Asian Surveying & Mapping
Breaking News
NEA AND SLA SIGN MOU TO SHARE GLOBAL NAVIGATION SATELLITE SYSTEM (GNSS)-DERIVED MOISTURE DATA FOR WEATHER MONITORING APPLICATION
Singapore – The National Environment Agency (NEA) and the Singapore...
UAE to develop SAR satellite constellation for remote sensing
The UAE Space Agency, on Monday announced a new...
China launches new group of remote sensing satellites
XICHANG - China successfully launched a new group of...
Google Maps finally launches Street View in India, everything we know so far
15 years after it first launched, Google Maps finally...
GeoSLAM tech deployed on large-scale urbanisation project
GeoSLAM’s handheld LiDAR technology has been utilised to document...
ISRO Chief Reports Centre’s Intentions To Open Public-private Partnership To Strengthen Space Industry
ISRO chief S Somanath has said that the government...
China Launches A Global Naming Search For Its Newest Solar Observatory; Will Orbit Earth Every 90 Minutes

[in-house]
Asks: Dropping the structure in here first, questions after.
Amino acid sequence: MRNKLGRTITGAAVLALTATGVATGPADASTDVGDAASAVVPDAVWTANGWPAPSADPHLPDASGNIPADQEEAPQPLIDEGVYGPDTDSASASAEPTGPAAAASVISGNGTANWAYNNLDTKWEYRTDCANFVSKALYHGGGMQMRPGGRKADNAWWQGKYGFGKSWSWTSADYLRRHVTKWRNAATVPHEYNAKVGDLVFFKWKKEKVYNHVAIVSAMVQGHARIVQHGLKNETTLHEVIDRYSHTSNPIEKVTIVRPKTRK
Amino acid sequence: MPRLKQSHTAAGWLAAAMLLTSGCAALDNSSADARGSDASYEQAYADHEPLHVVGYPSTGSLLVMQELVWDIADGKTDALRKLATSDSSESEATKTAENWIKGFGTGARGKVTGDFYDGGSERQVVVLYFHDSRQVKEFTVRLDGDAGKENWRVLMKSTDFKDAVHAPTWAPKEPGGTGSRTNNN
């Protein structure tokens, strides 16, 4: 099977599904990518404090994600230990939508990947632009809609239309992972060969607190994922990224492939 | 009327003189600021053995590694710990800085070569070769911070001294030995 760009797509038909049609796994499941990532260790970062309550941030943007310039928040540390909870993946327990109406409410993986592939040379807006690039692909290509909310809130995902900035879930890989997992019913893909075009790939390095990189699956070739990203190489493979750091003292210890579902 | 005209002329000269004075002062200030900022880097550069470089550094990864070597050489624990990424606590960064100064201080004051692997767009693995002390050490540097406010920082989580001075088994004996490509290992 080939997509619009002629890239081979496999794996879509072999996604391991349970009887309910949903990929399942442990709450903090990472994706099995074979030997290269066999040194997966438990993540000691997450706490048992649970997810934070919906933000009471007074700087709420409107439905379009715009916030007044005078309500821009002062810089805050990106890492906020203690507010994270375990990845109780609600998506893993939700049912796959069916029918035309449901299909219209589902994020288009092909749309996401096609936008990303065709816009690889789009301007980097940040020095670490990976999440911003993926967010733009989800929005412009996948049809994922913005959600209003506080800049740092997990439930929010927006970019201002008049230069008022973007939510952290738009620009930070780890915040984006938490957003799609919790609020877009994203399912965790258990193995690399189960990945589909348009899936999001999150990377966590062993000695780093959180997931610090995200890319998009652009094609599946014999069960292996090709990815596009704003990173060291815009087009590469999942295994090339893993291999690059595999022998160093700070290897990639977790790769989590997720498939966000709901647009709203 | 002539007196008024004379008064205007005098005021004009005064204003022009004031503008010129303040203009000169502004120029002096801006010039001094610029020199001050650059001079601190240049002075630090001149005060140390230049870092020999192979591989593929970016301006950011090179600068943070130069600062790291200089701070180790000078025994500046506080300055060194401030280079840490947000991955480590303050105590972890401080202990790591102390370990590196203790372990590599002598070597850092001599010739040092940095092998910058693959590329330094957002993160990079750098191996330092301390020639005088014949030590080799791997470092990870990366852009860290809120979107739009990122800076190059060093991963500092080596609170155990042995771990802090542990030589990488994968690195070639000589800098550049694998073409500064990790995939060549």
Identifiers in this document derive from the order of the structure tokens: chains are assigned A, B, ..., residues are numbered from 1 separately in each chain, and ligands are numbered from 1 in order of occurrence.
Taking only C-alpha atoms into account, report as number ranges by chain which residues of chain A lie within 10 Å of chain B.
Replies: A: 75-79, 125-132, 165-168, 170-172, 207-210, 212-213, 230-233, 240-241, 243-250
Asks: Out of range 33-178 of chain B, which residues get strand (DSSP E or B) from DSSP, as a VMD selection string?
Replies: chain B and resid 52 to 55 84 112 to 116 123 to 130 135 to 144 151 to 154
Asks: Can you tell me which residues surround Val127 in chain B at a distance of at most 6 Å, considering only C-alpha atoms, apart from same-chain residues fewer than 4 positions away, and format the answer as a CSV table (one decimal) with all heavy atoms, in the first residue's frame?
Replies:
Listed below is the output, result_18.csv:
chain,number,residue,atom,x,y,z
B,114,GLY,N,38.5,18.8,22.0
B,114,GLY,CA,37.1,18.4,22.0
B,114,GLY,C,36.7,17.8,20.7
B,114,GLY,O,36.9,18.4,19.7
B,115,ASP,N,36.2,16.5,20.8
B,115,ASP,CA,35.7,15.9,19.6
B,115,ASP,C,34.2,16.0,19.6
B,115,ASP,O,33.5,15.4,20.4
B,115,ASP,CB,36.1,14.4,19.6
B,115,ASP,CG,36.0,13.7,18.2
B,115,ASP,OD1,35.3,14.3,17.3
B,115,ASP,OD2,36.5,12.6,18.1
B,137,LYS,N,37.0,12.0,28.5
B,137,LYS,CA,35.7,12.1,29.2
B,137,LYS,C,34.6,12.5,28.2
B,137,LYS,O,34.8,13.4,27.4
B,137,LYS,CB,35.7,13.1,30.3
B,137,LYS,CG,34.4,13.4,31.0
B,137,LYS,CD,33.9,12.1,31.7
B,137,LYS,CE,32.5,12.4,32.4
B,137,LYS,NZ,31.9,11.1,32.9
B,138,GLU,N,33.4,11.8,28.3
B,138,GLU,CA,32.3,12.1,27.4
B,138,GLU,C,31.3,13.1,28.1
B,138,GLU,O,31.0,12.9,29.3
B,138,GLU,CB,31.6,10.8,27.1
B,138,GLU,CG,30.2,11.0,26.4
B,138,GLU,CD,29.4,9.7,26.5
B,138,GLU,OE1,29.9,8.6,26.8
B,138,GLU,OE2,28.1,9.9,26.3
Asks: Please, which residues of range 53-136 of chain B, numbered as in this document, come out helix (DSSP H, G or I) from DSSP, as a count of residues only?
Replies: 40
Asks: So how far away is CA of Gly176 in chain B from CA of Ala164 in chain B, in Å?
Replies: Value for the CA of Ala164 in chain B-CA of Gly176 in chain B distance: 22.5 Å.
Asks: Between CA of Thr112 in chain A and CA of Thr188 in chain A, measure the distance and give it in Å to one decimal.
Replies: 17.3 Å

The Chinese Academy of Sciences (CAS) has launched a...
SpaceX launches 46 satellites into low-Earth orbit
SpaceX launched the most recent set of 46 Starlink...
Isro launches GISAT-1 satellite, says mission could not be ‘fully’ accomplished
The satellite was launched on a geosynchronous satellite launch...
Franco-Japanese Space Cooperation Focused on Exploration, Earth Observation and Next-gen Launchers
PARIS — The week of June 27, 2022, on the...
A Japanese map created in 1916 shows an area near Pyongyang, North Korea. (Credit: Stanford University)

A Japanese map created in 1916 shows an area near Pyongyang, North Korea. (Credit: Stanford University)

According to an article in National Geographic, eight years ago, Stanford graduate student Meiyu Hsieh stumbled across an uncataloged archive of 8,000 military maps captured from Japan toward the end of World War II.  

Stylistically, the maps were remarkably diverse. “Each series of maps was designed to fit an individual condition, and, as a result, the maps show a variety of colors, symbols and format,” wrote William E. Davies (in 1948), the chief of research at the Army Map Service in the years after World War II.

And now the maps are being rediscovered by scholars to study the geopolitical and environmental history of Asia. “They’re a treasure for historical research,” said Kären Wigen, an East Asian historian at Stanford University.